The Hershey Co. has begun firing office workers who have declined to be vaccinated against COVID-19.
On the way out the door, the candy manufacturer is asking the fired employees to sign a nine-page confidentiality and release agreement that would remove their rights to sue the company or talk about their experience.
While their signature comes with a “special separation payment,” many haven’t signed the agreement and won’t get the money. Employees say the payment was determined by an algorithm, and for some, amounted to just over two months’ pay.
By most accounts, working at Hershey was a great job. Employees at the company’s headquarters in Hershey, Pennsylvania, and at offices in other states report higher than average wages and bowls of candy placed around the offices for snacking. For holidays, employees would get a big bag of treats to take home, although that practice stopped after Easter 2021. There’s a sample room for trying new products, colorful graphics decorating the walls, and the products are more fun than selling insurance.
But it stopped being fun after months of human resources department meetings that employees say included education about the vaccines, asking if the employee had changed their mind about getting the shots, as well as uncomfortably invasive questions.
“I really thought I’d be OK,” Kim Durham, a former payment analyst and sourcing buyer, told The Epoch Times. “I thought, you cannot question my faith. Nobody can question that.”
Durham asked for a religious accommodation in August and assumed she would get it.
“I thought this was behind me until September, when I met with an HR representative. It was an interrogation on your religious beliefs. They twisted your words and tried to put words in your mouth. It was terrible.
“I was asked such personal questions that had nothing to do with religion.”
She was shocked when, in November, she received word that her request for religious accommodation had been denied.
The Epoch Times interviewed two other Hershey employees who are in their final days with the company and didn’t want their names used until they are fully separated, for fear of losing certain benefits.
All who were interviewed mentioned being troubled by similar questions during the meetings, usually held with an immediate supervisor and someone from HR, such as: Have you ever been vaccinated? Are your children vaccinated? How do you protect yourself when you leave your home? How often do you go to church? Do you take Tylenol, ibuprofen, Tums, or Midol? If so, how can you say that you’re truly a religious person, because a lot of those medicines also have the same ingredients as the vaccine?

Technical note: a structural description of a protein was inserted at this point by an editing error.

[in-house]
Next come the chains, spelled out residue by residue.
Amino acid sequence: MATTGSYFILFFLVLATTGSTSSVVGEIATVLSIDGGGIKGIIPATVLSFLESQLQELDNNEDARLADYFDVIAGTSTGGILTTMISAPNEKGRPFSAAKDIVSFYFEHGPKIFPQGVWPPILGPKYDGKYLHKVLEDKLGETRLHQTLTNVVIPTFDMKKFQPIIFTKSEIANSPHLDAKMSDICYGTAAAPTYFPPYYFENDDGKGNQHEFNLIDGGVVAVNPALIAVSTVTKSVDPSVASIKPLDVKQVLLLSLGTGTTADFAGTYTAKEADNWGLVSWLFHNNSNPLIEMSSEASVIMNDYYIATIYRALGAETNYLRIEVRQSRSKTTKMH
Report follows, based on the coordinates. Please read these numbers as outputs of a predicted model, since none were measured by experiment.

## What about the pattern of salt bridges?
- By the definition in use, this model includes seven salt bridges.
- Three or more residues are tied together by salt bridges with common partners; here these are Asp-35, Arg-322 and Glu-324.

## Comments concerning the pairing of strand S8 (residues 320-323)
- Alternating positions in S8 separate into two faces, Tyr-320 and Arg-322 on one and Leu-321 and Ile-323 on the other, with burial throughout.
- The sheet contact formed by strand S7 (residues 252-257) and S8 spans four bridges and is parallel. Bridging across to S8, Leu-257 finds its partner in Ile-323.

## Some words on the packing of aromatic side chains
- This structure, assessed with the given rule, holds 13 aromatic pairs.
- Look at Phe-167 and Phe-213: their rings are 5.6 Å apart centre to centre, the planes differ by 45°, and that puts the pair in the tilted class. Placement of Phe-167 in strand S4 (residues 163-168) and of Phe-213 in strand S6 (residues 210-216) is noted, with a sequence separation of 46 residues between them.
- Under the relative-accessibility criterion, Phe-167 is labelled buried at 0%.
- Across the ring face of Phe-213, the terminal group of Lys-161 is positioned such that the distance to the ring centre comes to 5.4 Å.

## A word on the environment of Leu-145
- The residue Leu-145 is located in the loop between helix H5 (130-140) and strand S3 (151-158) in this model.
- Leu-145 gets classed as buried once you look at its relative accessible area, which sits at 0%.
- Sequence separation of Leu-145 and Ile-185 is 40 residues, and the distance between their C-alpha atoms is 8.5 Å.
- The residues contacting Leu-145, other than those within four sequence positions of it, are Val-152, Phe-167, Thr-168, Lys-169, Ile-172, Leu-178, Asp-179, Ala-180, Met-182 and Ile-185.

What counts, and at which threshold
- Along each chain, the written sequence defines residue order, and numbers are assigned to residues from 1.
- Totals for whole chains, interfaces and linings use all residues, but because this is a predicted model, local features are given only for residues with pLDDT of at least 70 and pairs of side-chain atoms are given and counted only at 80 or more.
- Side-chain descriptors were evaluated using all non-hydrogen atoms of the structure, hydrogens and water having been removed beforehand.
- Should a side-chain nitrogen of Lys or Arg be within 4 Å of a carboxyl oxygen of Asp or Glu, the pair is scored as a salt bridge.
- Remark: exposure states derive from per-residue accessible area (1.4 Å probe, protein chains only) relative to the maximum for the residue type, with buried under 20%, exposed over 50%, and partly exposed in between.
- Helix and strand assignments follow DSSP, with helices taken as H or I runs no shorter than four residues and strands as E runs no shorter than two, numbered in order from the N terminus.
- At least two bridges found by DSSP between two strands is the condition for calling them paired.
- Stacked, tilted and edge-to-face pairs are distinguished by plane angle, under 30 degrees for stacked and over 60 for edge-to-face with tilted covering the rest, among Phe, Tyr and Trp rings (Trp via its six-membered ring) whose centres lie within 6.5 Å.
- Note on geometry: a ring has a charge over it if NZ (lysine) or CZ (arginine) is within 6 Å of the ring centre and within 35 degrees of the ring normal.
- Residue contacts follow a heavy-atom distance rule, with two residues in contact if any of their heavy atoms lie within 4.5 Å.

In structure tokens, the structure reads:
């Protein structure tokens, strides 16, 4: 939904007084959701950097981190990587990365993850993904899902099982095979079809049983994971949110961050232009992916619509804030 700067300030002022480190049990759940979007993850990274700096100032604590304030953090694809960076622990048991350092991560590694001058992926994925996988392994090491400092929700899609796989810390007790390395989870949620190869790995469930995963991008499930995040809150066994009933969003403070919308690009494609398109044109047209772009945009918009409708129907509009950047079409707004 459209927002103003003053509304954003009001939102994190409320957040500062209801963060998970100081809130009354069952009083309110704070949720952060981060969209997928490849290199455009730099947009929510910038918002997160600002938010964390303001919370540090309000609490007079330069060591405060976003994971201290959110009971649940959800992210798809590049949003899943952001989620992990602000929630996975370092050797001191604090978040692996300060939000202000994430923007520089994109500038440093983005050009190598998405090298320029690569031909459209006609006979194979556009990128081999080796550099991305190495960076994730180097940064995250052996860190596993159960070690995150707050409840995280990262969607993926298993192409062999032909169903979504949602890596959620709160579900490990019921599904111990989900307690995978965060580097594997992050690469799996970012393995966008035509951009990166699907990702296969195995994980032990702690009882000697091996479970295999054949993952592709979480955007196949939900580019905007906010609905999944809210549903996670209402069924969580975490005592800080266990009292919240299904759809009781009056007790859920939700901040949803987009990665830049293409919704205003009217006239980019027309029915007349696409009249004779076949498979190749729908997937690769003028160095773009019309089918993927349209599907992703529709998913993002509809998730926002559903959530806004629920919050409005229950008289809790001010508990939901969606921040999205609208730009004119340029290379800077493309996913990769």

Meanwhile, several people were told that the pope is vaccinated, and that he says the greatest gift you can give your community is to be vaccinated as well.
One new parent submitted their baby’s birth certificate and other papers to set up insurance coverage, and was asked why the baby had received vaccinations if the parent wouldn’t get the COVID shots.
“What does that have to do with me keeping a job? From the time we started this ordeal, we have had seven meetings about my vaccination status,” one employee said. “It was like harassment. I felt like I wanted to crawl under a rock when I was done.”
While office workers must be vaccinated or face dismissal, employees working in food production and Chocolate World, the company’s retail outlet stores, are encouraged but not required to get the vaccination.
Durham had been working from home since March 2020, except for once every two weeks when her tasks required her to be in the office. But even when she was there, it was just a skeleton crew of in-person coworkers, everyone had a temperature check before entering the building, and masking was mandatory.
Hershey required employees to be vaccinated by Oct. 4, 2021, and when she was still unvaccinated on Oct. 5, Durham was told she was no longer allowed in the building, but she continued working until January. Following her last day, the company sent an empty box to her home so she could ship her work equipment back to them.
“We are losing our jobs over this vaccine policy,” Durham said. “It’s just wrong that a company can terminate you, and you lose your livelihood. This should not be forced.”
Some employees trained their replacements, only to find their replacements would continue working remotely.
Hershey’s separation agreement prohibits those who sign it from disclosing the existence, terms, and conditions of the agreement, including the details of their separation from employment. The agreement contains a broad non-disparagement clause and also releases Hershey from liability for all legally waivable claims.
Hershey didn’t respond by press time to requests for comment or to provide information about how many people have been fired.
Employees estimate that 1,400 workers applied for a religious exemption. It’s unknown if any were granted.
“I know people who got the vaccine just to keep their job. It wasn’t something they wanted to do, but they needed the job,” Durham said. “I need a job too. But I’m not going to do something I don’t feel comfortable doing, just keeping my job.”